Cover: Does Relative Deprivation Predict the Need for Mental Health Services?

Does Relative Deprivation Predict the Need for Mental Health Services?

Published in: Journal of Mental Health Policy and Economics, v. 7, no. 4, Dec. 13, 2004, p. 167-175

Posted on on January 01, 2004

by Christine Eibner, Roland Sturm, Carole Roan Gresenz

BACKGROUND: Several studies postulate that psychological conditions may contribute to the link between low relative income and poor health, but no one has directly tested the relationship between relative deprivation and mental health disorders. In this paper, the authors investigate whether low income relative to a reference group is associated with a higher probability of depressive disorders or anxiety disorders. Reference groups are defined using groups of individuals with similar demographic and geographic characteristics. The authors hypothesize that perceptions of low social status relative to one's reference group might lead to worse health outcomes. AIMS: The authors attempt to determine whether an individual's income status relative to a reference group affects mental health outcomes. Our contributions to the literature include (i) defining reference groups using demographic characteristics in addition to geographic area, (ii) looking at an individual's relative income status rather than low income or aggregate-level income inequality, and (iii) focusing specifically on mental-health related outcomes. METHODS: Our primary data source is the national household survey component of HealthCare for Communities (HCC), funded by the Robert Wood Johnson Foundation to track the effects of the changing health care system on individuals at risk for alcohol, drug abuse, or mental health disorders. HCC is a complement to the Community Tracking Survey (CTS) and reinterviews participants of the main study. To construct relative deprivation measures, the authors used data from the 5% Public Use Micro Data Sample of the 2000 Census. Our measure of relative deprivation is defined using Yitzhaki's index, a term that measures the expected income difference between an individual and others in his or her reference group that are more affluent. They evaluate the relationship between relative deprivation and mental health using conditional logit models with reference group random effects. RESULTS: Even after controlling for an individual's absolute income status, those with low relative income are at higher risk of experiencing a mental health disorder. Our findings hold for both depressive disorders and anxiety/panic disorders. DISCUSSION AND LIMITATIONS: Our findings suggest that relative deprivation is associated with an increased likelihood of probable depression and anxiety or panic disorders. Simulations suggest that a 25 percent decrease in relative deprivation could decrease the probability of any likely mental health disorder by as much as 9.5 percent. Limitations of this study include the fact that we only have one measure of relative deprivation, and that reference groups are defined using relatively large geographic areas. IMPLICATIONS FOR HEALTH POLICY: Low relative income may contribute to socioeconomic disparities in mental health. Efforts to eradicate socioeconomic differentials should take into account psychological perceptions and self-esteem in addition to absolute material resources. IMPLICATIONS FOR FUTURE RESEARCH: Future work should explore whether mental health disorders explain the link between relative deprivation and poor physical health.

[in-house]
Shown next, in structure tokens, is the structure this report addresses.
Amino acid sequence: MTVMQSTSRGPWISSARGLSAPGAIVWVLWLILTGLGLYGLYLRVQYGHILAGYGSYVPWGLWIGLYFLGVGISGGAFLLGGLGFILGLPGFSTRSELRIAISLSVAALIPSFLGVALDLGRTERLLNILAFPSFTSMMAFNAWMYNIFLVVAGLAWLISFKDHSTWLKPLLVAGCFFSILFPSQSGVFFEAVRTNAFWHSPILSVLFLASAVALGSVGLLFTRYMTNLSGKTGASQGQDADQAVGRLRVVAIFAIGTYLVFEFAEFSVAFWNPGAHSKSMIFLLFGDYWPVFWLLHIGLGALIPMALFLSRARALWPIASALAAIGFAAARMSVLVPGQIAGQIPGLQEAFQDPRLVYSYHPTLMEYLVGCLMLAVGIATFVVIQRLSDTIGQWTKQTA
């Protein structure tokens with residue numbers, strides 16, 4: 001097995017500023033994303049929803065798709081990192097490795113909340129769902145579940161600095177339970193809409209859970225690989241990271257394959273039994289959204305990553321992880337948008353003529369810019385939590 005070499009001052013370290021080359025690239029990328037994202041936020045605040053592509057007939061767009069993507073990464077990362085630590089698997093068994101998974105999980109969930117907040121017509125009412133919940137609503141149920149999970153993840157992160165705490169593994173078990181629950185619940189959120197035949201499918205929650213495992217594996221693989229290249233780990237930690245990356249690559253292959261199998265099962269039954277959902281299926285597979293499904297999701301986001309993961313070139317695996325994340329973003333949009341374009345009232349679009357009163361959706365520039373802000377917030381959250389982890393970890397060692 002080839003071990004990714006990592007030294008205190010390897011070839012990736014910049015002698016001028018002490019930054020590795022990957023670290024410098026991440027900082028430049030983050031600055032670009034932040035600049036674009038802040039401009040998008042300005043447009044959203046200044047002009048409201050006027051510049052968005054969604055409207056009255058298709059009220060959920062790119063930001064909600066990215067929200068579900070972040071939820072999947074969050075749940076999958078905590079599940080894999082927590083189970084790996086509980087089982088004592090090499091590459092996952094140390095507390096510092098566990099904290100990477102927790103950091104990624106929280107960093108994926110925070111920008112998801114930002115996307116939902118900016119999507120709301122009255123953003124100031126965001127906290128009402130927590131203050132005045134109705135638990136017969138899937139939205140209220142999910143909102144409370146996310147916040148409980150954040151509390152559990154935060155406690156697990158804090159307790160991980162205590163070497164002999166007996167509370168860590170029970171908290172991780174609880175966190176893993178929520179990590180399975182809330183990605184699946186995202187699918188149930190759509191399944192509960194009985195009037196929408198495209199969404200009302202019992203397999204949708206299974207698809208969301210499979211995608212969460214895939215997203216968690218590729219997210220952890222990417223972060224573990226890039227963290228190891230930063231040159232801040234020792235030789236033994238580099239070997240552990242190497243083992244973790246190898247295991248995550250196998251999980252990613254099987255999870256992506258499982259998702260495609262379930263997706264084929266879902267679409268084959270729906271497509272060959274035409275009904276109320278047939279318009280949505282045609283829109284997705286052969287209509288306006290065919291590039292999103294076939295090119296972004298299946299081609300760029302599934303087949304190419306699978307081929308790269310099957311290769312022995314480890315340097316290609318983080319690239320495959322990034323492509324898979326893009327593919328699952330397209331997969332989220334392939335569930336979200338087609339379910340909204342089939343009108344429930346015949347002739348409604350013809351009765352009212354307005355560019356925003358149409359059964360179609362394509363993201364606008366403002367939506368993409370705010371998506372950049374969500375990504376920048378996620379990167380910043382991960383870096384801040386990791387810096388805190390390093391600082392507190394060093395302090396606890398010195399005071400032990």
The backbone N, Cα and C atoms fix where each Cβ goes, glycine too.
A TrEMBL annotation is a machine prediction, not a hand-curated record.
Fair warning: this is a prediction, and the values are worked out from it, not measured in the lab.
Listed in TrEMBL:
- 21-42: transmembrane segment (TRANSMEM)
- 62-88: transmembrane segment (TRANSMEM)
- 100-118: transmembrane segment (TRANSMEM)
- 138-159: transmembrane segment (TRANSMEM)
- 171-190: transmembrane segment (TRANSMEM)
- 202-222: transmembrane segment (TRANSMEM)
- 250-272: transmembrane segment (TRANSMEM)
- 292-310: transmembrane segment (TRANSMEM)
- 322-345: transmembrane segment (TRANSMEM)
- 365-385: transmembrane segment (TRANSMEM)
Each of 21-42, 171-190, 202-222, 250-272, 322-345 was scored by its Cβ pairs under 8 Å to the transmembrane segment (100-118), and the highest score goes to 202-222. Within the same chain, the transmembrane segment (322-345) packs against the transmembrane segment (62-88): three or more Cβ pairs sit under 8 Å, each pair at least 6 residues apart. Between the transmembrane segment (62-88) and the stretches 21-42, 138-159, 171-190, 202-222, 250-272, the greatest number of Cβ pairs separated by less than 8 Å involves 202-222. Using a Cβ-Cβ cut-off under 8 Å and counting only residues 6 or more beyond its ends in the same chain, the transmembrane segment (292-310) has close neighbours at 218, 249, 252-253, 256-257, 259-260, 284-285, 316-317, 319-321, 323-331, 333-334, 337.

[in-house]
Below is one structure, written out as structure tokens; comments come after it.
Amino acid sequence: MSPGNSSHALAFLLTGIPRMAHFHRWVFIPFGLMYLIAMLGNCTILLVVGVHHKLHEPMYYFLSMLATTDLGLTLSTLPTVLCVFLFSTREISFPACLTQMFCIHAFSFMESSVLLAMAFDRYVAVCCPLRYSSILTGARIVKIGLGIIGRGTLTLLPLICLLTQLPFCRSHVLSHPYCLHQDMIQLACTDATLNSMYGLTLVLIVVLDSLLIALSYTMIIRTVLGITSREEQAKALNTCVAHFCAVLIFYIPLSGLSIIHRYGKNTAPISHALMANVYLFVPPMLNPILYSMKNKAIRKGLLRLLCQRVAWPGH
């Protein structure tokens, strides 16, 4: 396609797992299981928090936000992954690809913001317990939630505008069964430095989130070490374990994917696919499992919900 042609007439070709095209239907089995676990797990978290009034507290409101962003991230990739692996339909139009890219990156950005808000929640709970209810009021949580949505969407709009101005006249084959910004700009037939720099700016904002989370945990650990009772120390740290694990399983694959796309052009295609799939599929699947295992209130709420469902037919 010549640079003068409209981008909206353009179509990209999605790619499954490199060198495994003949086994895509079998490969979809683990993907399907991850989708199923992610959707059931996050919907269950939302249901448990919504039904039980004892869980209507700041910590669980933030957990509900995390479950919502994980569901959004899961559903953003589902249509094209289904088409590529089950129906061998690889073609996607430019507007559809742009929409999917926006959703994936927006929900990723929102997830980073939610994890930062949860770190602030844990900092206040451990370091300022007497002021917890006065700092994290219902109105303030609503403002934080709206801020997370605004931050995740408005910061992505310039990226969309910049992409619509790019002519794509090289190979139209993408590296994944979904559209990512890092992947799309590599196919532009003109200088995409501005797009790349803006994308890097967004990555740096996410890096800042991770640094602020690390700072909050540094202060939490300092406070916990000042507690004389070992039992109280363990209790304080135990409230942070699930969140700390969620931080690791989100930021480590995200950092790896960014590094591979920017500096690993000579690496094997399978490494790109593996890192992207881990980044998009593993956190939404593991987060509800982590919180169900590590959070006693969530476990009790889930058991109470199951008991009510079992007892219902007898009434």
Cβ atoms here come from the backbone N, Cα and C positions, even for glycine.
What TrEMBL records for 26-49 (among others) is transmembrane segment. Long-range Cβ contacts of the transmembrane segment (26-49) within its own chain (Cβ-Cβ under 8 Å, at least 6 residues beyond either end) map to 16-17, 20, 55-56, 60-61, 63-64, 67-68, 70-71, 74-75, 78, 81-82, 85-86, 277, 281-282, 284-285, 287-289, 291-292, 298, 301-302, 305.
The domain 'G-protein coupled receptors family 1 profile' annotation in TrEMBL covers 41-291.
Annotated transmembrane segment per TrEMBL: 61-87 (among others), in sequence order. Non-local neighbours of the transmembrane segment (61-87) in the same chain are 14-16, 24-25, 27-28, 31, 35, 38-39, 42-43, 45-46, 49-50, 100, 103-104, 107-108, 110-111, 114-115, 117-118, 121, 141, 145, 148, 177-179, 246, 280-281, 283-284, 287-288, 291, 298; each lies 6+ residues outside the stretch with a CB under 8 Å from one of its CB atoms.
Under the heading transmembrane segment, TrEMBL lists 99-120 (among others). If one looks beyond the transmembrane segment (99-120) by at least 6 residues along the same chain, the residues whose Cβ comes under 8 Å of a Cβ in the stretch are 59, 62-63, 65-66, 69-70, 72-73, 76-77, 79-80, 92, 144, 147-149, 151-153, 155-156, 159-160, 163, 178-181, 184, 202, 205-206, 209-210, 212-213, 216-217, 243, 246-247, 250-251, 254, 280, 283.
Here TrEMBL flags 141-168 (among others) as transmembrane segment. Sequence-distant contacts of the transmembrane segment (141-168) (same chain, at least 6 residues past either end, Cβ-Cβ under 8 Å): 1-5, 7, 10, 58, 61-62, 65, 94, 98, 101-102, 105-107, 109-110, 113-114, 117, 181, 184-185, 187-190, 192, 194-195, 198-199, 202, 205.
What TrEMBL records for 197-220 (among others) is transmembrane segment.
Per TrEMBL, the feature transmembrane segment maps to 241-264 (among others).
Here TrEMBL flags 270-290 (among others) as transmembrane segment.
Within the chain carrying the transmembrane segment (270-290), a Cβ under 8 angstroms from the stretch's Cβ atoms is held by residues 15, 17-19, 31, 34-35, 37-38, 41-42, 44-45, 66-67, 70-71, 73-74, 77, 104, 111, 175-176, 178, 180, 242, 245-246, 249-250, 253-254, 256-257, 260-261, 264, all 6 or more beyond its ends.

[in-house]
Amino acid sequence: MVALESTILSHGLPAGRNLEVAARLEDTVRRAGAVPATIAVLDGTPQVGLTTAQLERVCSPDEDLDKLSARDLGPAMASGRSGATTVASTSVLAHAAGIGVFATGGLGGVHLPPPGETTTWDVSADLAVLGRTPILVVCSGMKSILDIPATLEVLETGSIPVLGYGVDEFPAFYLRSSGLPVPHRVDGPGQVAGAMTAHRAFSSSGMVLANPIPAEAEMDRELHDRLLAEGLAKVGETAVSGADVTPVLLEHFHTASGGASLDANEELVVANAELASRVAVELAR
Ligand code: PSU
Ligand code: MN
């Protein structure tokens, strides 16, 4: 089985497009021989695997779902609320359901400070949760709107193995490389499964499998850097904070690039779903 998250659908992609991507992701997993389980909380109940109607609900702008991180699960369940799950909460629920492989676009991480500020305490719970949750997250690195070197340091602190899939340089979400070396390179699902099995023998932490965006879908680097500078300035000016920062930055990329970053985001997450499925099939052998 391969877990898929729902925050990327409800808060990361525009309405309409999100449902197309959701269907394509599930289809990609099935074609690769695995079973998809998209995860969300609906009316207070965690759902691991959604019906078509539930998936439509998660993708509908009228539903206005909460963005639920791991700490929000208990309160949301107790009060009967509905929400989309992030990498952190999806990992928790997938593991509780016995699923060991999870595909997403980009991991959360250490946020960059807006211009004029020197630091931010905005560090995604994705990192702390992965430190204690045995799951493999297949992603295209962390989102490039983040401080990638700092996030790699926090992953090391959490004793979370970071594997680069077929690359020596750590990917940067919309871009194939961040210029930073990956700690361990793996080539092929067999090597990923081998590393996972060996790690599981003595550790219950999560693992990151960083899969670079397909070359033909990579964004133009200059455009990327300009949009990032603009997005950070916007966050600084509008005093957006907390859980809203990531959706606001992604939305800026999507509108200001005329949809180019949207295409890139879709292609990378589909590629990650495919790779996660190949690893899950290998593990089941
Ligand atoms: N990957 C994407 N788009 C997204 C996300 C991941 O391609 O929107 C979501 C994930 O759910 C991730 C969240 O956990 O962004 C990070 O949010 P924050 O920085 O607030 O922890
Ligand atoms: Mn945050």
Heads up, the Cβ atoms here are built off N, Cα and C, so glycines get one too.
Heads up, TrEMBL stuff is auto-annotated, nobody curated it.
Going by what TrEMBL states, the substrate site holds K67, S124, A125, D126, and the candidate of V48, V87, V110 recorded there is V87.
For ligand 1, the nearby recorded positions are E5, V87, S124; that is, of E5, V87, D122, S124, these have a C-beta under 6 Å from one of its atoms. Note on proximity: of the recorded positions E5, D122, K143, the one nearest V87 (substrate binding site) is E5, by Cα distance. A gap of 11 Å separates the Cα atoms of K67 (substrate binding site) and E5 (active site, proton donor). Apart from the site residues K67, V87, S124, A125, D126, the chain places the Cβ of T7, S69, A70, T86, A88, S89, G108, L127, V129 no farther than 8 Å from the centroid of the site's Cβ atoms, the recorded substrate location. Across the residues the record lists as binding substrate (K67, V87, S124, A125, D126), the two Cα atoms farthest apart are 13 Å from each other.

This report is part of the RAND Corporation External publication series. Many RAND studies are published in peer-reviewed scholarly journals, as chapters in commercial books, or as documents published by other organizations.

The RAND Corporation is a nonprofit institution that helps improve policy and decisionmaking through research and analysis. RAND's publications do not necessarily reflect the opinions of its research clients and sponsors.